“Getting vaccinated can prevent flu in yourself, but it also may prevent flu in people who you are not infecting,” says Dr. Brendan Flannery, an epidemiologist with the influenza division of the Centers for Disease Control and Prevention. “Especially for young children or people who are at high risk of flu, it's very important that people around them are vaccinated.”

On a recent Tuesday morning, Emy Martinez walked around a couple of blocks in Overtown, looking for used needles to deposit in the sharps container in her backpack.

She didn’t find any. 

Florida is looking to make major changes to Children’s Medical Services, the state-run health care program for children with complex medical needs.

The Affordable Care Act has had a profound impact on how money moves through Florida’s health care economy, according to a biennial market report out this week.

Floridians have until Dec. 15 to buy health insurance through healthcare.gov, and a lot has happened since the last shopping season.

Multiple attempts to repeal the Affordable Care Act, or “Obamacare,” have failed. Now there’s a proposal to dismantle the health care law through the tax bill. President Donald Trump has already stopped funding some pieces of the Affordable Care Act.

So where does that leave the average consumer?

Time is one of the biggest factors in treating strokes — and a group of South Florida researchers say they’ve found a way to buy stroke patients more time.

If a person has a stroke, the sooner they get treatment, the better their odds are of surviving and of healing without permanent disability. Generally, the thinking has been that patients have a window of no more than six hours for a clot-removal surgery to be effective.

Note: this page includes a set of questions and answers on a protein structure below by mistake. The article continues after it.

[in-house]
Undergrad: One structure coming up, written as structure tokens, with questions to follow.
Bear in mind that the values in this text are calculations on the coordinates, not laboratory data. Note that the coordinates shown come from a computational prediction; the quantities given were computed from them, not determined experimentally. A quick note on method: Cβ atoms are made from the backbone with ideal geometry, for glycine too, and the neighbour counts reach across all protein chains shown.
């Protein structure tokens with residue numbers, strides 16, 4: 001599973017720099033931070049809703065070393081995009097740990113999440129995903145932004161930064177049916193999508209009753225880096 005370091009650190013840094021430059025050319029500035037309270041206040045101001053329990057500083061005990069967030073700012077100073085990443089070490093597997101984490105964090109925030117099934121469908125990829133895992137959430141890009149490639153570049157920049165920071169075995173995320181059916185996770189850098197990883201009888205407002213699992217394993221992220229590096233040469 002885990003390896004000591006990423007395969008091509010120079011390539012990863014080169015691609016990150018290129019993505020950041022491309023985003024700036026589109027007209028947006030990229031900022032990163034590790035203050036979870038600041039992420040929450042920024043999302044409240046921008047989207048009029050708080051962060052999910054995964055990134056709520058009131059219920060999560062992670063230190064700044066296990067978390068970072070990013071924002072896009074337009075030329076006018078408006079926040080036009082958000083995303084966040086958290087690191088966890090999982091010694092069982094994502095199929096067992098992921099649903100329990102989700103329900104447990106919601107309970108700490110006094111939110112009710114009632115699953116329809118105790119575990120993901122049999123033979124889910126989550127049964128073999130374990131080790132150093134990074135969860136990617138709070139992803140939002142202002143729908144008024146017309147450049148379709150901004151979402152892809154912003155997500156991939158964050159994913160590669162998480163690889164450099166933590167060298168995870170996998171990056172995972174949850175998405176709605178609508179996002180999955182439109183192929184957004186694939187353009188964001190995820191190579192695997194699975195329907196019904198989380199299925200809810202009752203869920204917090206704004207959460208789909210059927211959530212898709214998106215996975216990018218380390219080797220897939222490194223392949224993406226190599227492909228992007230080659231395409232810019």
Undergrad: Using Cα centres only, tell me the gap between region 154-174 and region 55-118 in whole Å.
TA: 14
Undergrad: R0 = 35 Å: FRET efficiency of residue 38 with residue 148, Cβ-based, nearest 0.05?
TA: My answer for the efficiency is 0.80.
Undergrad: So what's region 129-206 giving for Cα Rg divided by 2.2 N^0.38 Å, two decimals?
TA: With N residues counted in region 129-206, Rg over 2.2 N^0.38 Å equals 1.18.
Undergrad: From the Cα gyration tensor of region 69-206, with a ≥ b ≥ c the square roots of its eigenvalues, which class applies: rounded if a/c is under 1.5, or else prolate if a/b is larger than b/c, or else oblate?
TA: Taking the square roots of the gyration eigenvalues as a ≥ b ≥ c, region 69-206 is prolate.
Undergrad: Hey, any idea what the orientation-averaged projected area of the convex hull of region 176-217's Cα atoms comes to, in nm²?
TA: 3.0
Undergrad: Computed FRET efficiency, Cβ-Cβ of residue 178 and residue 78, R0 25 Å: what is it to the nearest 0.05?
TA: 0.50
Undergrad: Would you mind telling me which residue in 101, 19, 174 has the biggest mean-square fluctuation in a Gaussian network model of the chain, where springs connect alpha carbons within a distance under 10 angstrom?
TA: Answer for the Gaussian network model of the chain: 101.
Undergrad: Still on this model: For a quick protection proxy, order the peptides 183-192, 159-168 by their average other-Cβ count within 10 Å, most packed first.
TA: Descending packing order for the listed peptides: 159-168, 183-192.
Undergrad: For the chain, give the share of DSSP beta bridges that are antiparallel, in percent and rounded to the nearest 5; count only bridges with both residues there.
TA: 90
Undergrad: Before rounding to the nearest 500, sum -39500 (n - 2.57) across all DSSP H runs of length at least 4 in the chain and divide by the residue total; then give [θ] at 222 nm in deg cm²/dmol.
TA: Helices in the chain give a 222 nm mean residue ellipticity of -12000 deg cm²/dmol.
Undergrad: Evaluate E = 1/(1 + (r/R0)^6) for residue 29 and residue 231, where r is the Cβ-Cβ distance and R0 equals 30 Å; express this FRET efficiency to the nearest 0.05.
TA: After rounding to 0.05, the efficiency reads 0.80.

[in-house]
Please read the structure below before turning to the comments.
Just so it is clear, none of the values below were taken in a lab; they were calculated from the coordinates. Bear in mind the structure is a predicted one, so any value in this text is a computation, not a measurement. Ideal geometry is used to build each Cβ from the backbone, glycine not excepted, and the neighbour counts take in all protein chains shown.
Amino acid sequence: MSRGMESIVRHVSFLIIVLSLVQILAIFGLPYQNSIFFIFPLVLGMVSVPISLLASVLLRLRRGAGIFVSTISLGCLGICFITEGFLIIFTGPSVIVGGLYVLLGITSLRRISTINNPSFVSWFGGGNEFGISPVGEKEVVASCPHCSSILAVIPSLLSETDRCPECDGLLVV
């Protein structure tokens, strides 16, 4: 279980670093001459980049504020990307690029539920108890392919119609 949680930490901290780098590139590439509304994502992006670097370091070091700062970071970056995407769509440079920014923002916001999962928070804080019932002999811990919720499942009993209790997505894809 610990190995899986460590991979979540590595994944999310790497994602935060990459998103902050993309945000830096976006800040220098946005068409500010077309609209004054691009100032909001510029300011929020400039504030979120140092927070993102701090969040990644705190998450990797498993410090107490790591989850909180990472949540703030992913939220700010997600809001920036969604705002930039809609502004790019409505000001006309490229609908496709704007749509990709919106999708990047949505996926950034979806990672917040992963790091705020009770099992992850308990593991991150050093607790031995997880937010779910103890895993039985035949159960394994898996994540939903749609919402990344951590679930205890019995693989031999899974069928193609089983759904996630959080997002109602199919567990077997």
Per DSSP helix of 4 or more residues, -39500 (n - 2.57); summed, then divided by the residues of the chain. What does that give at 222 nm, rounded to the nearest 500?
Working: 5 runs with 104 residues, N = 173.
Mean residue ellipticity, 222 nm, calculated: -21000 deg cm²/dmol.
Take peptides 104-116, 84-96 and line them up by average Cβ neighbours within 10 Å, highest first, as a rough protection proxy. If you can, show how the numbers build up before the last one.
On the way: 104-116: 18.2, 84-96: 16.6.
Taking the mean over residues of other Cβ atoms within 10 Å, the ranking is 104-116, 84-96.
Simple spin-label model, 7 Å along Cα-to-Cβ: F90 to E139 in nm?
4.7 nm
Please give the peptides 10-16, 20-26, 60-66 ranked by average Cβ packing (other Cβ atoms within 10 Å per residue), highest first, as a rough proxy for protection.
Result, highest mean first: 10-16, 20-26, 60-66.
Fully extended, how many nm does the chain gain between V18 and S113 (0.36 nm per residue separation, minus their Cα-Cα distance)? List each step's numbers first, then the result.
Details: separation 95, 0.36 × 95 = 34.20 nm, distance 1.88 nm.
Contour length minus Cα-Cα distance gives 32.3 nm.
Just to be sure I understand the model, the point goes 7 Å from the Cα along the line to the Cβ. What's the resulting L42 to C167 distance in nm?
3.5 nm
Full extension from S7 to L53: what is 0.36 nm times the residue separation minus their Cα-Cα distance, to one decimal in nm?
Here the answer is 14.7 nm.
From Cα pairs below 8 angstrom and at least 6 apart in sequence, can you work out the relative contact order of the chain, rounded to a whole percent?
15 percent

But people don’t always know when they’ve had a stroke — like if it happens while they’re sleeping. And that complicates treatment options. 

It’s been a month since the deadly shooting in Las Vegas that killed 58 people and injured hundreds more, and a group of trauma researchers is calling for better attention to the health impacts of firearms.

Florida Democratic Sen. Bill Nelson has co-signed a letter asking the U.S. Department of Health and Human Services to send more support to Puerto Rico and the U.S. Virgin Islands in the wake of Hurricanes Irma and Maria.

Health-care funding was already tight before the storms, particularly in financially unstable Puerto Rico, where nearly half the population is covered by Medicaid.

A team of researchers has prevented Zika virus infection in monkeys —and they hope the new approach can be developed for use in pregnant women.

The small experimental trial found that monkeys given a cocktail of known Zika antibodies—special proteins the immune system makes to stop a virus—did not develop Zika after they were exposed to the virus.